Arriving at Netscape, Zawinski helped establish the culture that would become typical of Internet start-ups, grabbing sleep under his desk to save the commute home. He founded a mailing list called Really Bad Attitude, to let over-stressed programmers blow off steam by railing against management, co-workers and other slow-witted impediments to progress. And, of course, he helped mid-wife the creation of the New Economy, by playing a vital role in the development of the first mainstream Web browser. "I was sure Netscape was going to be wildly successful," he says. "There was no doubt in my mind. All we needed to do was be smarter and faster than anyone else."
When Netscape began to lose market-share to Microsoft, Zawinski was instrumental in convincing the company's leaders to go "open source," to release the code of their flagship product - Netscape Navigator - to the public, allowing anybody to view and change it. This was an unheard of step at the time, for a corporation to free their intellectual property. And while the "Mozilla" project cannot yet be considered a success, it (and the popularity of other open source projects like Linux) has encouraged other companies - among them IBM, Sun and HP - to begin to follow suit.
When Zawinski left Netscape, he left with a bang, not only burning bridges but vaporizing them. In a document posted on his Web site, he lambasted everything the company had become, years of frustration and disappointment spilling over in a tirade that's half angry and half sad. Netscape "got big," he wrote, "and big companies just aren't creative. ... [G]reat things are accomplished by small groups of people who are driven, who have unity of purpose. The more people involved, the slower and stupider their union is.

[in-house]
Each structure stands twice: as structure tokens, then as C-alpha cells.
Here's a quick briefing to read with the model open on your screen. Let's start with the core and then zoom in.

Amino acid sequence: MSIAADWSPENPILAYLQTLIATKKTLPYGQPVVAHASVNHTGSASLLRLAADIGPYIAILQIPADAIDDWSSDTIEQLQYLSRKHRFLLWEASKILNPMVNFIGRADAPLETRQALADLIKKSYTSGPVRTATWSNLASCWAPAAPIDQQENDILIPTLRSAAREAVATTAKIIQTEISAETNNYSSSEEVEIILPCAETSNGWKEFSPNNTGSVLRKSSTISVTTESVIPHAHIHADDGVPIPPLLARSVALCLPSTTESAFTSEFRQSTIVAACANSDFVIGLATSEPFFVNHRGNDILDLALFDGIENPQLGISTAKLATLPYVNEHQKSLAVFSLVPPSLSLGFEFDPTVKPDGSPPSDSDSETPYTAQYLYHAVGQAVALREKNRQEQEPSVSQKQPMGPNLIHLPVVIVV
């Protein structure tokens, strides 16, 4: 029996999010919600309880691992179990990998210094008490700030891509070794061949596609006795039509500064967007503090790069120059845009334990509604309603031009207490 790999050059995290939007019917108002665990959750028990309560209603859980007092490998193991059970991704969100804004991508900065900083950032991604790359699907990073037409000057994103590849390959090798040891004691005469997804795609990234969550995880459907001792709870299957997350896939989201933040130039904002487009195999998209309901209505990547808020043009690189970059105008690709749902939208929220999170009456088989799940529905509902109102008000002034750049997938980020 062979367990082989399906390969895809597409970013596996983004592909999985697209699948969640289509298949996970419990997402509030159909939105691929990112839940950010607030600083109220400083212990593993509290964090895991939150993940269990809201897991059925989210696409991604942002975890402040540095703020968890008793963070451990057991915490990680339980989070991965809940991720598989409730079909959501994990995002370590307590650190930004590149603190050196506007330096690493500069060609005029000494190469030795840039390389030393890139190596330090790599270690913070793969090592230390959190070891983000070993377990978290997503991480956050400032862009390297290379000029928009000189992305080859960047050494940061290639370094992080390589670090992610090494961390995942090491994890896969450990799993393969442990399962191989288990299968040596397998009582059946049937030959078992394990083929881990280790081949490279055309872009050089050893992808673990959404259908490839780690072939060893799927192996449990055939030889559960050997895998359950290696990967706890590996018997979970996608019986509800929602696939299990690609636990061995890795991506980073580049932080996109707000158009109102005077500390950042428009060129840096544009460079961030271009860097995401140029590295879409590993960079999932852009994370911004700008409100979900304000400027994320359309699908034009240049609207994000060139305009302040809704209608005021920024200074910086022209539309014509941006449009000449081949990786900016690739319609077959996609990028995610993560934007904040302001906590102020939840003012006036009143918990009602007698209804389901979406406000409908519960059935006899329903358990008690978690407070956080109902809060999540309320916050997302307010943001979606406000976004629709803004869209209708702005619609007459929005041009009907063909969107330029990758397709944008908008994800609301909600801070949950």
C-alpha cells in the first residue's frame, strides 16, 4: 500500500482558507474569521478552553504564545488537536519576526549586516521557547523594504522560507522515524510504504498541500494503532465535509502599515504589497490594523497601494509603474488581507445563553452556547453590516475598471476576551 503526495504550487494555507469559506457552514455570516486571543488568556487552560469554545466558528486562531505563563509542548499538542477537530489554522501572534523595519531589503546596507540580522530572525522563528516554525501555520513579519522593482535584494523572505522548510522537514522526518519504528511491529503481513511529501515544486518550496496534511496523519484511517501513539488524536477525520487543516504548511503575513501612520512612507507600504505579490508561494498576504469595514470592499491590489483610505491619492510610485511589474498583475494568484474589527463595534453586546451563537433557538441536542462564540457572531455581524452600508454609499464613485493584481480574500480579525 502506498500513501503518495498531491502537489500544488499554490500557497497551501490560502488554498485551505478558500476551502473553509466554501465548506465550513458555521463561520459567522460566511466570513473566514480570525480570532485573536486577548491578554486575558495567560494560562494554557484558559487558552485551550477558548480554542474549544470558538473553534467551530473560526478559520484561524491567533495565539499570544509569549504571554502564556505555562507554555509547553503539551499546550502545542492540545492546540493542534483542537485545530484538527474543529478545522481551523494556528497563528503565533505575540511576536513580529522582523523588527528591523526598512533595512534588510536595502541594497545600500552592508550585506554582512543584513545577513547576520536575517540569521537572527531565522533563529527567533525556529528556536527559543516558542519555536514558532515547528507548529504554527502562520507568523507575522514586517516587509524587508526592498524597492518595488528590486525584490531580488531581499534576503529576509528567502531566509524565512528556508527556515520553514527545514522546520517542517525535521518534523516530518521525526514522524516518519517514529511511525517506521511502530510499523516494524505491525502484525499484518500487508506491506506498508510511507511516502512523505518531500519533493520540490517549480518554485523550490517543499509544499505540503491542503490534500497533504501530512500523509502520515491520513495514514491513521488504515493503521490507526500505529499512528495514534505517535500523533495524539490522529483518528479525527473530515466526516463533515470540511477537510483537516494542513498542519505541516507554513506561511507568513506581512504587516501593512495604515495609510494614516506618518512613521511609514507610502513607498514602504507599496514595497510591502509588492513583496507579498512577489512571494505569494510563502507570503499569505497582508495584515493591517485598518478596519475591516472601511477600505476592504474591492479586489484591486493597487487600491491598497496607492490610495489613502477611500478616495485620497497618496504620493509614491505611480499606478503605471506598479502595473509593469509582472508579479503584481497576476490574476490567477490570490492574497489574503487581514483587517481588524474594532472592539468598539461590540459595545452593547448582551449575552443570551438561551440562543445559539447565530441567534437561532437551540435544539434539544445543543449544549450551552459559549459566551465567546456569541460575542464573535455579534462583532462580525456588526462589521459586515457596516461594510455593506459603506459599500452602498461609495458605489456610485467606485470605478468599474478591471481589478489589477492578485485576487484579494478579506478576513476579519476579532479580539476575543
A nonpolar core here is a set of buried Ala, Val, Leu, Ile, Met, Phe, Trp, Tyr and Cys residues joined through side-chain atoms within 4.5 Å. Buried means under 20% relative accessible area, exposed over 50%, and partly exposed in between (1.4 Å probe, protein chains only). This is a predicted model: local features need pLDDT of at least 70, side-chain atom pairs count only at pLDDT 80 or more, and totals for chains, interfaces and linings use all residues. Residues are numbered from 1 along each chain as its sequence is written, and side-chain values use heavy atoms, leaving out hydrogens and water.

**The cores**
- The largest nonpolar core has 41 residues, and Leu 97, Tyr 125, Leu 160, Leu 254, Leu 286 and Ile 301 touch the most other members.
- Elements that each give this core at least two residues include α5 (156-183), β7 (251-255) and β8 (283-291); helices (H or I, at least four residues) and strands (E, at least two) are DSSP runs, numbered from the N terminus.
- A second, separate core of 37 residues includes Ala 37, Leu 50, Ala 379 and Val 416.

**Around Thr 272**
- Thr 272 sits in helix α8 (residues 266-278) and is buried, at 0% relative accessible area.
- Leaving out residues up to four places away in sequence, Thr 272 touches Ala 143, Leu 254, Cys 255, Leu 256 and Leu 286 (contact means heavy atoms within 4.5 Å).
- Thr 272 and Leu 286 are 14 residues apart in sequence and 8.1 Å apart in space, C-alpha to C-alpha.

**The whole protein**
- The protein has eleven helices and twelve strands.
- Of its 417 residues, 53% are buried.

"[Y]ou can divide our industry into two kinds of people: those who want to go work for a company to make it successful, and those who want to go work for a successful company. Netscape's early success and rapid growth caused us to stop getting the former and start getting the latter."
When someone asked him during an Internet chat if he recommended the practice of bad-mouthing previous employers for people who aren't millionaires, he answered with characteristic bluntness: "That depends, do you want to tell the truth, or live life as a coward?"
The neutron bomb of a message roiled both the business and programming worlds. One Netscape manager, a latecomer and a team player, labeled Zawinski an "asshole." Lower-level workers cheered the cold-eyed assessment of what goes wrong with companies when they get big. Jim Barksdale, Netscape's experience-heavy co-founder, told Newsweek, "Jamie is a friend, but if I had listened to him on every decision we would never have been larger than 100 employees." A pall descended over many on the Internet, the resignation taken as a sign that Netscape's last, best hope was walking out the door.